Finally, we need to allow the Word of God to transform our thinking. That is where our guidance, our strength and our hope comes from. Psalm 118:6 promises, “The LORD is on my side.” Perhaps in a boxing match we cannot expect that but certainly in the battles of life we can depend on that promise. Paul, in 1Corinthians 5:59a (NIV) admonishes, “Therefore, my dear brothers and sisters, stand firm. Let nothing move you.” Sounds like Rocky read that verse.

What I Learned From Rocky, Part 1

boxersIn 1976, a low budget film starring an unknown actor was released that immediately became a classic winning 3 Academy Awards: Rocky. We experienced the exhilaration of his dancing at the top of the steps at the Philadelphia Museum of Art. We experienced his pain in the grueling training. We experienced the satisfaction of a goal met. We felt his pain and his joy because he was no superhero. He was just one of us.

There are a lot of life lessons I learned from Rocky:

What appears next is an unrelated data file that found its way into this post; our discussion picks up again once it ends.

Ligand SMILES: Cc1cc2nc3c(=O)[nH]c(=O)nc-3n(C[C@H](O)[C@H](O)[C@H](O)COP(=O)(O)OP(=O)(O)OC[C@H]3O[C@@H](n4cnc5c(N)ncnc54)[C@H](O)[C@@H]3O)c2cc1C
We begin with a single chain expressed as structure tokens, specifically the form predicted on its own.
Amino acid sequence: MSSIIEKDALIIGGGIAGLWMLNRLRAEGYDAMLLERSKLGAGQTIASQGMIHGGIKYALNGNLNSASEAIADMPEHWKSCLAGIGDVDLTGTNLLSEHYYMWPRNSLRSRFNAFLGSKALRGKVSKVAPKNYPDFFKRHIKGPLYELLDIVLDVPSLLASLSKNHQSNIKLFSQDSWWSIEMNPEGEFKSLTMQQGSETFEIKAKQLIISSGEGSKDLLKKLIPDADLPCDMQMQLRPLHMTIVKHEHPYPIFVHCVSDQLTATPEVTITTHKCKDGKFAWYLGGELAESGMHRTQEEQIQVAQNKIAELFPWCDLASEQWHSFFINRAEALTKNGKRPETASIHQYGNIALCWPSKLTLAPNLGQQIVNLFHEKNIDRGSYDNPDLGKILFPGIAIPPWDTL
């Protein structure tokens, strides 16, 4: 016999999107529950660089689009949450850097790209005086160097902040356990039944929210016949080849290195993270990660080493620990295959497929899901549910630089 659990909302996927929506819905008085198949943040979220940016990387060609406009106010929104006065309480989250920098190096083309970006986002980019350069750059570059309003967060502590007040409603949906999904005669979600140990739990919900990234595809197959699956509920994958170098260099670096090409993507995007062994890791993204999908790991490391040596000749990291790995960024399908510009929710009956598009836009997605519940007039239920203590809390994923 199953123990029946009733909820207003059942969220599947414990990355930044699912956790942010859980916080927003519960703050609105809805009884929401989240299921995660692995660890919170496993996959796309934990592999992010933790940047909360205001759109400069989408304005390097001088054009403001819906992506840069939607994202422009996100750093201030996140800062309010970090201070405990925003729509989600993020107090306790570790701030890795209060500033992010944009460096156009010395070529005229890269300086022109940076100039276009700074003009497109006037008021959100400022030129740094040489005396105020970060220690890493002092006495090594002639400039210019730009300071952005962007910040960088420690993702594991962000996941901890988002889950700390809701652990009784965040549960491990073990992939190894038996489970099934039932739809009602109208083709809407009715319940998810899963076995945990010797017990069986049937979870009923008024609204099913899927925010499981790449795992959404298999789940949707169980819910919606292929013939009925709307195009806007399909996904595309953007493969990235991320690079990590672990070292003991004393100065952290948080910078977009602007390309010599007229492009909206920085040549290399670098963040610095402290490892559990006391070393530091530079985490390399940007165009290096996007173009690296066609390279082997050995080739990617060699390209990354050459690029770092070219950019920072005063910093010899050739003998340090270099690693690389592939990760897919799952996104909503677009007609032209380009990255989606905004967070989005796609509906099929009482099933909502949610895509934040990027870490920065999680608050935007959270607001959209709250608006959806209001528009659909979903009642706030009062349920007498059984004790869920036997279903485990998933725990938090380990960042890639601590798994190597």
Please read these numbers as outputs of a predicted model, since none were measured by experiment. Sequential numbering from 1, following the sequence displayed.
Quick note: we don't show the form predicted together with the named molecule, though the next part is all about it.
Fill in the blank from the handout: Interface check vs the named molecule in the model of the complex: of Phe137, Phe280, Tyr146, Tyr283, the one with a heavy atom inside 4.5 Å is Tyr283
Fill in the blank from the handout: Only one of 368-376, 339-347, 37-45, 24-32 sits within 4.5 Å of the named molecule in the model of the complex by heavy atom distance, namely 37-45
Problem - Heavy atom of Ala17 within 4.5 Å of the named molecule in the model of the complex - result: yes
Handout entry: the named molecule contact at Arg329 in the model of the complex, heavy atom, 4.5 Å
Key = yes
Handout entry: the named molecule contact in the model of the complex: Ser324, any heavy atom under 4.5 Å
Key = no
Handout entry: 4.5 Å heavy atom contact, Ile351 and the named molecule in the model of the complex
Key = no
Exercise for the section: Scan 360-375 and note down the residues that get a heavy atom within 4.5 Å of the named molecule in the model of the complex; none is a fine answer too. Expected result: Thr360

#1 Don’t let the world define what success looks like

What does winning look like? In boxing, you’d think winning means knocking out your opponent. For Rocky, in his first movie, it was about “going the distance”, which meant lasting all 15 rounds with Apollo Creed, the world champion. Winning shouldn’t be what others define it to be, it’s a goal I set for myself. As a Christian my fulfilling God’s purpose for my life marks success.

There will always be people around telling me what constitutes success. The world says success lies in what I have accomplished and what I have accumulated. If I buy into their standards, those same people will be happy to inform me when I’ve failed.

The Bible tells of a young man who was his father’s favorite. Jealous brothers sold him into slavery. Falsely accused of rape, he spent years in prison. Through the trials, rejection and suffering, he remained faithful to God. His name was Joseph. Was he a success? His actions saved his family, the very ones who had betrayed him. In Genesis 50:20 (NLT), Joseph told his brothers, “You intended to harm me, but God intended it all for good. He brought me to this position so I could save the lives of many people.” He fulfilled God’s purpose for him.

Another man served as God’s prophet for 40 years. He was rejected by his neighbors and family. He suffered deprivation and imprisonment, but he remained faithful and courageous in proclaiming God’s word. His name was Jeremiah. Was he a success? As one of the major authors of the Old Testament that we still read today, he fulfilled God’s purpose for him.